If some outside people were asked to name in three lines the three chief trades of Birmingham they would probably answer by saying “Guns,” “Hardware,” and then, perhaps rather puzzled, might add “more guns.” This, however, would be a very bald and incomplete reply, and would denote a somewhat benighted idea of the productive resources of Birmingham. Gun and pistol making form a very important industry in the city, and one ward—St. Mary’s—is the happy hunting ground of small firearm makers. All the same, gunmaking is not the be-all and end-all of our manufacturing activity, and is, indeed, only one of the many and increasing trades that thrive and progress in the midland hardware capital.
It is, indeed, a distinct advantage for Birmingham that it has many different trades, and if some are depressed and slack others may be active and prosperous. Hence, there is generally business doing somewhere. It is the misfortune of some towns and districts to be devoted entirely to one or two industries. For instance, take Manchester. If the cotton trade becomes depressed or paralysed Cottonopolis soon becomes a starved-out city. Then there are textile towns, boot and shoe boroughs, pottery districts, &c., &c. Birmingham, however, is pretty smart at taking up new ideas, and does not let new manufacturing industries go begging for a home. A certain number of trades languish and die out owing to change of fashion and to certain articles becoming obsolete. Snuffers and powder flasks, for instance, are not in large demand in the present day. A limited number are still made for travellers and for remote countries that have not cartridges, the electric light, or even incandescent gas, within their reach.
Brass and pearl button making used to be important industries, and tons of such wares used to be made in Birmingham in the course of a month. Comparatively few are made now. Yet we are not exactly “buttonless black-guards,” as Cobbett—at least, I think it was Cobbett—once disrespectfully called the Quakers, and buttons of various kinds other than pearl and brass are turned out in barrow loads. I remember some years ago going over the button factory of Messrs. Dain, Watts, and Manton, an old-established business now carried on by Mr. J.S. Manton, and was then shown a curious composition or kind of paste that could be made into buttons useful for all sorts of purposes. On my asking what the “button dough” was made of, Mr. Manton, I remember, gave me the comprehensive reply, “anything.”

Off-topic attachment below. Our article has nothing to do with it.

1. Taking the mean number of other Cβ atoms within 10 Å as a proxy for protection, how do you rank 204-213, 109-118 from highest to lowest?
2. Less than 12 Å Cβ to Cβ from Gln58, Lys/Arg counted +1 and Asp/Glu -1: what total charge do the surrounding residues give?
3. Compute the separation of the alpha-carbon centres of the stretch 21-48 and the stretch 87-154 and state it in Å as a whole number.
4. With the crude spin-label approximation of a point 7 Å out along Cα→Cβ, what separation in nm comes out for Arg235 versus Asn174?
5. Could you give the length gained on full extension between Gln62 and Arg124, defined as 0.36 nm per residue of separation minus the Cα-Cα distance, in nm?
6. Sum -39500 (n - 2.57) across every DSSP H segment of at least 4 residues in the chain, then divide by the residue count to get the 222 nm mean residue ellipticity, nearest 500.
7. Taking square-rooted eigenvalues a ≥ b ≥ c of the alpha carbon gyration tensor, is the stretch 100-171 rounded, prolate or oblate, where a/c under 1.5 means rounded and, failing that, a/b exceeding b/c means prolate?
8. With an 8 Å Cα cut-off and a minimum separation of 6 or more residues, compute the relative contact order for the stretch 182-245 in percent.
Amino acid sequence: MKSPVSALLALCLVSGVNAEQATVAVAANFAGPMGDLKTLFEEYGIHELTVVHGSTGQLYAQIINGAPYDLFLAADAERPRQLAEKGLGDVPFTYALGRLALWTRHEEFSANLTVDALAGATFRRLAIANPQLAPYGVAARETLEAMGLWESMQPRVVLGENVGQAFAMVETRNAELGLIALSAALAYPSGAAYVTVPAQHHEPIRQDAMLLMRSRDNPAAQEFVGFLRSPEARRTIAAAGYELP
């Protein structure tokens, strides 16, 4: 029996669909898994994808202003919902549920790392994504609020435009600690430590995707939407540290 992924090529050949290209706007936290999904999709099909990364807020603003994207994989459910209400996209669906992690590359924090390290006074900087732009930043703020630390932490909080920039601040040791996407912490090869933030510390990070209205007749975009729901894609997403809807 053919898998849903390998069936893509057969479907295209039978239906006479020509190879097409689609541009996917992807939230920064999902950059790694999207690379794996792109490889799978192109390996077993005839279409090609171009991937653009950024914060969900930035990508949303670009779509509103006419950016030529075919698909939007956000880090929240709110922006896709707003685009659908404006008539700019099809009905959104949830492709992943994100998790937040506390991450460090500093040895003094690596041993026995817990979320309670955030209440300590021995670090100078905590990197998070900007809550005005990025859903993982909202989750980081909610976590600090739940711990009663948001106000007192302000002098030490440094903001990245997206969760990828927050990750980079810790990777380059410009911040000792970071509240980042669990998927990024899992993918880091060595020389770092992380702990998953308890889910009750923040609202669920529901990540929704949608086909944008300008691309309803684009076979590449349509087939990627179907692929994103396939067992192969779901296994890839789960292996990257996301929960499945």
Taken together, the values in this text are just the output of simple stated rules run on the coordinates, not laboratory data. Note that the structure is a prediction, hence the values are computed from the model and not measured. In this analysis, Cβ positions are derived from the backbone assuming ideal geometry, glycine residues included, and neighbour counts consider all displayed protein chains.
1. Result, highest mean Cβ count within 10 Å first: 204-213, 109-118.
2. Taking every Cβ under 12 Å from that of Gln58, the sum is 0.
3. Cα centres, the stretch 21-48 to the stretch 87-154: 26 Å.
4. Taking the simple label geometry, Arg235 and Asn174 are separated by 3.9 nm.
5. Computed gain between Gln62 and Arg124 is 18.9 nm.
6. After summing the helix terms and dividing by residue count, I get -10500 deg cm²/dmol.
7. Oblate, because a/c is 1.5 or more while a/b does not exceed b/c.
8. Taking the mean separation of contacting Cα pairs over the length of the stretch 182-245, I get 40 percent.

All sorts of stuff having any substance in it was indeed thrown into a kind of mortar, ground up, mixed with something that gave the mass cohesion and plasticity, then moulded into buttons as clay is moulded by the potter, and burned, dried, and hardened. Therefore, if brass and pearl buttons are in limited demand, there are other materials from which a new useful and cheap article can be made—the “very button” for the time—and this is produced in much larger quantities than the more costly articles of a few generations ago.